§ Mr. Willetts
To ask the Secretary of State for Work and Pensions how many schemes with insufficient assets to secure their guaranteed minimum pensions have expressed an interest to(a) his Department and (b) other Government bodies in having their state pension fully reinstated; how many schemes have been treated as qualifying for this; how many schemes have had their state benefits reinstated; and how many members of these schemes have received their reinstated benefits. 
§ Malcolm Wicks
A member of a contracted-out defined benefit occupational pension scheme that winds up with insufficient resources to secure accrued benefits in full may have their state scheme rights restored by a process known as "deemed buyback", operated by the Inland Revenue. In order to qualify both the scheme and the member must meet certain conditions.
To date, the Inland Revenue have had 59 schemes express an interest in "deemed buyback". Of these schemes, 33 have formally requested calculations and the Inland Revenue have agreed that all 33 schemes meet the qualifying conditions. Eight of these have been issued with the calculations necessary to allow the scheme to determine whether each member meets the criteria. The Inland Revenue are working with the remaining 25 schemes to finalise the required details before calculations can be issued.478W
It is individual scheme members who qualify for "deemed buyback" and it is the decision of the member whether to have their state scheme rights re-instated.
Trustees use the calculations issued by the Inland Revenue as part of the process to determine whether individuals can apply for "deemed buyback". As yet no-one is receiving reinstated benefits.
§ Mr. Leigh
To ask the Secretary of State for Work and Pensions when the Occupational Pensions Regulatory Authority expects to have in place a fully developed risk model that targets schemes where funds may be at risk as recommended by the Committee of Public Accounts in its 15th Report of 2002–03.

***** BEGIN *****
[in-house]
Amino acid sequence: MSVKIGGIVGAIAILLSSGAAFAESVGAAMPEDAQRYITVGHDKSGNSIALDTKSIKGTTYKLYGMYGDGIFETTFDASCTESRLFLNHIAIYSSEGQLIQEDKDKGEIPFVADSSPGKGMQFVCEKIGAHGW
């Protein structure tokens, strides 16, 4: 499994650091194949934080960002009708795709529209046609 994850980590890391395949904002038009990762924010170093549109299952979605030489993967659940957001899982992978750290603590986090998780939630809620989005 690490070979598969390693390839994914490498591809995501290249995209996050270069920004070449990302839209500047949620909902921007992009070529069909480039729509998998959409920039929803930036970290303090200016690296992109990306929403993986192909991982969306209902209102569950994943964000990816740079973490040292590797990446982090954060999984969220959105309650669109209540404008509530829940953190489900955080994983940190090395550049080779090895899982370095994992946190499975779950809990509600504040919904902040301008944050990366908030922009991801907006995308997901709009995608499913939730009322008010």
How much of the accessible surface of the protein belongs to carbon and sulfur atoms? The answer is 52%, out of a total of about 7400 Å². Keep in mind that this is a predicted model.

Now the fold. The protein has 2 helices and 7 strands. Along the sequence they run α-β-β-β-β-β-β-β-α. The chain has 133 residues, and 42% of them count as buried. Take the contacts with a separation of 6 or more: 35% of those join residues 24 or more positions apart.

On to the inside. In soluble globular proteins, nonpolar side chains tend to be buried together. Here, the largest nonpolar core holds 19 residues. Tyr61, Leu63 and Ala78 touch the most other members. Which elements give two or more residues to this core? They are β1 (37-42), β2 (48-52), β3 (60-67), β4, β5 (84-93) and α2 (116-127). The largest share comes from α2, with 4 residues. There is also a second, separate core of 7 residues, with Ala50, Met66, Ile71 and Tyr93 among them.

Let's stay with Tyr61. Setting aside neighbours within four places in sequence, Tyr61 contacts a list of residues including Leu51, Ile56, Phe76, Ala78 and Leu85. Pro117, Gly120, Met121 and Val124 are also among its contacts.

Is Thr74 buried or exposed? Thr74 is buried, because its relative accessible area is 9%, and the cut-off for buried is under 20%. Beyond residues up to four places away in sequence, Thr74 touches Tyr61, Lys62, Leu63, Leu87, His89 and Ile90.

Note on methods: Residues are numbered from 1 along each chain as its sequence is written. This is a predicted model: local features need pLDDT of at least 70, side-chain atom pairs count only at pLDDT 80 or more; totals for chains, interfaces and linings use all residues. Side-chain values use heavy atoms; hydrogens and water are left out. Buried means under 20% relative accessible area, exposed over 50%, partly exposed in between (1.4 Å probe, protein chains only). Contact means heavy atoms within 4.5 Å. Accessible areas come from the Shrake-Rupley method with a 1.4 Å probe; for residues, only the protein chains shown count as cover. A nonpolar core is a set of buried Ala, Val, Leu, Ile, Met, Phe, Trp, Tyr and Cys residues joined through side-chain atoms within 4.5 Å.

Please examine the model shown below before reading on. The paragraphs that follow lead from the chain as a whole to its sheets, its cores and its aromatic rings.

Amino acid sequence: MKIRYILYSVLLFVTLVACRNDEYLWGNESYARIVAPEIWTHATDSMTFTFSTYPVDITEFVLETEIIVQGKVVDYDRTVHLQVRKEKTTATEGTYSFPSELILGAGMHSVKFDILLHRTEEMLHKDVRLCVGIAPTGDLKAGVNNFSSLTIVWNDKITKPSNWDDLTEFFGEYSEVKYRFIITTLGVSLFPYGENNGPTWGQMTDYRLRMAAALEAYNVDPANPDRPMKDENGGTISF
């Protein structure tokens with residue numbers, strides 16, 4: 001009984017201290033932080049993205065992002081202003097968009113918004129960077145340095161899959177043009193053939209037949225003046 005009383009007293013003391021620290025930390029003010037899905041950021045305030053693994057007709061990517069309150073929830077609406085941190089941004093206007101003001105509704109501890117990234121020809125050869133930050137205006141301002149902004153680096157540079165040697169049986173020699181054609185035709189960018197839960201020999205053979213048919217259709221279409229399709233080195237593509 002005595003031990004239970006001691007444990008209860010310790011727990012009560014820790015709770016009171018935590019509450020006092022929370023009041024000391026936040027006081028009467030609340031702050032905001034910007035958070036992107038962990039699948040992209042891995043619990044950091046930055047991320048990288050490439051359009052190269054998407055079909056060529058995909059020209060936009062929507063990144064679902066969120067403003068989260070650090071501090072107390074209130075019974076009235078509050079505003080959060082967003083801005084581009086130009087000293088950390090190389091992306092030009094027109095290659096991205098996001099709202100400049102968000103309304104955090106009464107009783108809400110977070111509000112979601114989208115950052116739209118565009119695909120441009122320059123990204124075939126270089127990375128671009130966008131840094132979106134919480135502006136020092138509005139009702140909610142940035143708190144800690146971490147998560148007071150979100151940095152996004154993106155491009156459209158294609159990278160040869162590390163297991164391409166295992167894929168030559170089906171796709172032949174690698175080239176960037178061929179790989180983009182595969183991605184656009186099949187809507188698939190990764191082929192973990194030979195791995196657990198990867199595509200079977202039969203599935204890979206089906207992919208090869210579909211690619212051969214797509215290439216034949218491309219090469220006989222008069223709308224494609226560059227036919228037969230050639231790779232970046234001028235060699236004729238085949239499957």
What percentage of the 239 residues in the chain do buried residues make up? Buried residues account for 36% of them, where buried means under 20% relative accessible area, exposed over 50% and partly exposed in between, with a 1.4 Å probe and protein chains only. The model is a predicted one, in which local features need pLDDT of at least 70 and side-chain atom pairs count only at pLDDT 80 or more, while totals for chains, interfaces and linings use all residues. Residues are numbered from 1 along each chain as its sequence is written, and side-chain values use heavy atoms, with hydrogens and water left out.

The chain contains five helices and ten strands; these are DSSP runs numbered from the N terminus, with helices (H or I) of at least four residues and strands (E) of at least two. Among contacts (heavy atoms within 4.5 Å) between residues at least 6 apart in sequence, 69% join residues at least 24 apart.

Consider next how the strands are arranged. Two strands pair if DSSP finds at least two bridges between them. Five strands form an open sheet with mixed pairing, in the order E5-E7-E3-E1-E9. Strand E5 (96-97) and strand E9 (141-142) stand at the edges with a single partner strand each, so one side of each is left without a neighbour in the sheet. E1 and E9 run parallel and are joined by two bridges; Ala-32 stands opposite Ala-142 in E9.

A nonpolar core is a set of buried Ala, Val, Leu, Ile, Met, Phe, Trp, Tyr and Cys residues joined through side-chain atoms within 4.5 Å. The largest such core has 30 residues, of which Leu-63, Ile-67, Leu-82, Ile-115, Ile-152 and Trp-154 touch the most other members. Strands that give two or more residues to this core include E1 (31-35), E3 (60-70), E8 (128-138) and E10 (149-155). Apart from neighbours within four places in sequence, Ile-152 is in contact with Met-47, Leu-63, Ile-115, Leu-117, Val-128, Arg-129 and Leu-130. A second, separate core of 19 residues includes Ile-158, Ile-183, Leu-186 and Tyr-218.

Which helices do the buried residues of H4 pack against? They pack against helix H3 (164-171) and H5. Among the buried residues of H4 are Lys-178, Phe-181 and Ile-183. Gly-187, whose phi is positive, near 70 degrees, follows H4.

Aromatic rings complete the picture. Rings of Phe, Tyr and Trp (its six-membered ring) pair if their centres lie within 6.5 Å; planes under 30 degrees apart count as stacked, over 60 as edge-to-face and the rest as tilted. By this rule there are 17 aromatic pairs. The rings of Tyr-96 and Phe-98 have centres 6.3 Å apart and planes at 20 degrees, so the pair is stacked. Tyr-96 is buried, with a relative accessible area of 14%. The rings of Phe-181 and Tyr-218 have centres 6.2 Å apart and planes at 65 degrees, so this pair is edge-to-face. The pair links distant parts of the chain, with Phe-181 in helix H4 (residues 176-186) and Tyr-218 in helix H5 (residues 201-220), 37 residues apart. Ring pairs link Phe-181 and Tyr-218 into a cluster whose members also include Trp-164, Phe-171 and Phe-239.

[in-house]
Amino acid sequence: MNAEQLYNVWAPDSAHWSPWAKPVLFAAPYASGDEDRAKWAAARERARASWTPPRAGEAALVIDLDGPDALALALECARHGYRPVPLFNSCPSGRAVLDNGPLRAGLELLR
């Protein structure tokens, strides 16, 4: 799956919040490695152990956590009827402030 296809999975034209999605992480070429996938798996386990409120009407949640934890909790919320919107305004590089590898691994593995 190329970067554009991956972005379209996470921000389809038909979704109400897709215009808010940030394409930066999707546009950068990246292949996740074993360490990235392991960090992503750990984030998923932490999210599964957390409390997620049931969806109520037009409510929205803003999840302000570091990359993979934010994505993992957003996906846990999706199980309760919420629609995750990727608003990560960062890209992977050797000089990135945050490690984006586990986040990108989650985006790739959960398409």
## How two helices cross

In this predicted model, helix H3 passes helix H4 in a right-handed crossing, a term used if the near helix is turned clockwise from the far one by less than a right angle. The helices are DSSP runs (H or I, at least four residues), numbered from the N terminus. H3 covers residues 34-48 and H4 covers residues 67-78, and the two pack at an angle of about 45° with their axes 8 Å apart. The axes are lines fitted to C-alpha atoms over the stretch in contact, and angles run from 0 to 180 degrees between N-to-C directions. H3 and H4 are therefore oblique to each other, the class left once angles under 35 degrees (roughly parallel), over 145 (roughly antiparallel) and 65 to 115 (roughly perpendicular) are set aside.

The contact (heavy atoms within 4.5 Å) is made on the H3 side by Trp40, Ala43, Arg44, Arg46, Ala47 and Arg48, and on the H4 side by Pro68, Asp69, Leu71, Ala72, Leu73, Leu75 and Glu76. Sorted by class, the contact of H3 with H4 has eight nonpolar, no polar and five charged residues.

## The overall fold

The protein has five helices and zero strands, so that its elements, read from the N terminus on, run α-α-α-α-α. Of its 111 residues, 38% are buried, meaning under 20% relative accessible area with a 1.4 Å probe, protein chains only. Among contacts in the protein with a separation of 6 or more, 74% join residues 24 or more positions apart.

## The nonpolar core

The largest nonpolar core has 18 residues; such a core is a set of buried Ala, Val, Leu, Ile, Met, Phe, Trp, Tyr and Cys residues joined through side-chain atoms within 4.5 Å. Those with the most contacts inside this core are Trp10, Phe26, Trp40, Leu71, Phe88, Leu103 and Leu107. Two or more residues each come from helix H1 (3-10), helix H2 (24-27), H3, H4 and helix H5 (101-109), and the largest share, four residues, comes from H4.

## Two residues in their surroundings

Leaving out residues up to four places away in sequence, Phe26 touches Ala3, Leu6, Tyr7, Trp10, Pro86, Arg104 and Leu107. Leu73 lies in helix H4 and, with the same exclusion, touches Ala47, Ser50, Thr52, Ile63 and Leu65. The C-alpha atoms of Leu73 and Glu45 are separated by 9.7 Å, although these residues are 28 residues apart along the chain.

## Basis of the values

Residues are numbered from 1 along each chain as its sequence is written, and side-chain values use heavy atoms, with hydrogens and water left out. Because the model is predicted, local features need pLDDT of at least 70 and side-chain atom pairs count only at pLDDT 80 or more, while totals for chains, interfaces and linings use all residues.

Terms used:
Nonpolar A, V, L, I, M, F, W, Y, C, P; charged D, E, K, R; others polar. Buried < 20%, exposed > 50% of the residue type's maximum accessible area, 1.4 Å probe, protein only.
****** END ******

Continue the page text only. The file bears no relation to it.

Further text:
§ Malcolm Wicks
In the light of the recommendations of the Committee of Public Accounts, the Occupational Pensions Regulatory Authority (Opra) has been seeking, within the framework of its statutory powers and obligations, to refocus its resources on issues that present a real risk to members' benefits. In October 2003, Opra published revised guidance to scheme professionals on the reporting of breaches: statutory whistleblowers (scheme auditors and actuaries) are now expected to consider the nature and impact of any breach they identify before deciding whether or not to make a report to the authority. In May 2004, Opra also issued revised guidance to non-statutory whistleblowers. Copies of Opra's latest guidance to both statutory and non-statutory whistleblowers (Opra Note 1 and Opra Note 6, respectively) are available in the Library.
On 11 February, the Government published the Pensions Bill 2004, which proposes to replace Opra with a new regulatory body—The Pensions Regulator—from April 2005.
The Bill provides that the Pensions Regulator, in accordance with the recommendations of the 15th Report of 2002—03 of the Committee of Public Accounts will have statutory objectives to protect the benefits of members of work-based pension schemes and to promote, and improve the understanding of, the good administration of such schemes. The proposals contained within the Pensions Bill will enable the Pensions Regulator to target its resources on the areas that pose the greatest risk to members' benefits.
The new Pensions Regulator will begin operating its risk model from the organisation's inception, and will develop it as its information base improves. To prepare the ground, the Department is currently working with Opra to identify the information and analysis needed to give effect to a fully risk-focused approach as quickly as possible.